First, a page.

Moss travelled high in Peru, collected a small moth (which was eventually found to be new to science, 80 years later – thanks to Claude Lemaire working in the Natural History Museum). This was a land full of adventure. His train was boarded by ‘brigands’, one person shot dead, but he survived. He was known in Peru as a pioneering naturalist. Today naturalists ‘do’ the Manu trail in Peru because it is still a hot-spot for biodiversity.

The famous rainforest explorers Wallace and Bates had been in the Amazon in 1845 and employed slaves as cooks, but slavery was abolished when Moss was there in 1912.  Moss was always fascinated by the process of metamorphosis and bred quite a lot of species out. He also caught and sold materials for collectors and sponsors in Europe, especially Lord Walter Rothschild, Miriam Rothschilds uncle.

Working at the edge of the un-exploited rainforest Moss was amazed at the sheer quantity of moths that came to light, in some case they were so thick on the ground that bins of them had to be taken away when the streets were cleaned.  He recalls the travel observations of Theodore Roosevelt and his son in the Amazon, and the paintings by Margaret Fontaine, and of course the travels and discoveries of Richard Spruce. There is also a nod to Nabokov. The Amazon is a large area, and still is a large area over which many have travelled and few have written natural history travel books.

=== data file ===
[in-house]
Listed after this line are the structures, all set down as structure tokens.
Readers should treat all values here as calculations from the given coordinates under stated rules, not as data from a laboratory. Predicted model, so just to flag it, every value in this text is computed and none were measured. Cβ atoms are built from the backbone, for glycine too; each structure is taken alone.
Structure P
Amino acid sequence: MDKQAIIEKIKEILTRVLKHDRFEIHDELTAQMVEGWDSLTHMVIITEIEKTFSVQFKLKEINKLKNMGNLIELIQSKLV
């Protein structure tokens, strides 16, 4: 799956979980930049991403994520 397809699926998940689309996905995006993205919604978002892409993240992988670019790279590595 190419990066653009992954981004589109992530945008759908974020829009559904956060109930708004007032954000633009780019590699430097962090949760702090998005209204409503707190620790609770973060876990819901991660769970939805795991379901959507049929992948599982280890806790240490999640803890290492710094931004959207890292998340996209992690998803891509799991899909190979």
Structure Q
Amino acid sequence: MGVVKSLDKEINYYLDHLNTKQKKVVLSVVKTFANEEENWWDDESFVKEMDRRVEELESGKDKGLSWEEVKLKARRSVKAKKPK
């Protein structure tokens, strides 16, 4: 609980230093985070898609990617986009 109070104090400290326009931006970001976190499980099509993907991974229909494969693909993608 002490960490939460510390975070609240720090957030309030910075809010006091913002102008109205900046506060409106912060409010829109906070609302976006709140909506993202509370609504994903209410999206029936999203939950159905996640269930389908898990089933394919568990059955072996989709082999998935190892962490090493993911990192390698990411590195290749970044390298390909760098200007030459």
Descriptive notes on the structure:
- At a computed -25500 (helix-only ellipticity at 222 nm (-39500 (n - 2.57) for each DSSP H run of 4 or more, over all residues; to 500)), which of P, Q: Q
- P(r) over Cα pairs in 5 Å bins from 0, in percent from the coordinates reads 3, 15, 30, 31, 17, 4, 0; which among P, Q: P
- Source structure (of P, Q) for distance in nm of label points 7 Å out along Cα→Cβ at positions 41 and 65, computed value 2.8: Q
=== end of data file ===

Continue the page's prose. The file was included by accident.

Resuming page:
The author has brought us a delight to the eyes on part of the extensive work of this English vicar in the Amazon even if he was always catching butterflies rather than tending his flock. The book demonstrates that it has been intensely researched in both the UK and South America much to the benefit of the reader. There is much history of entomology woven through this important work.  It is certainly a good read that should be in all rainforest themed libraries.    There are appendices, further reading and an index.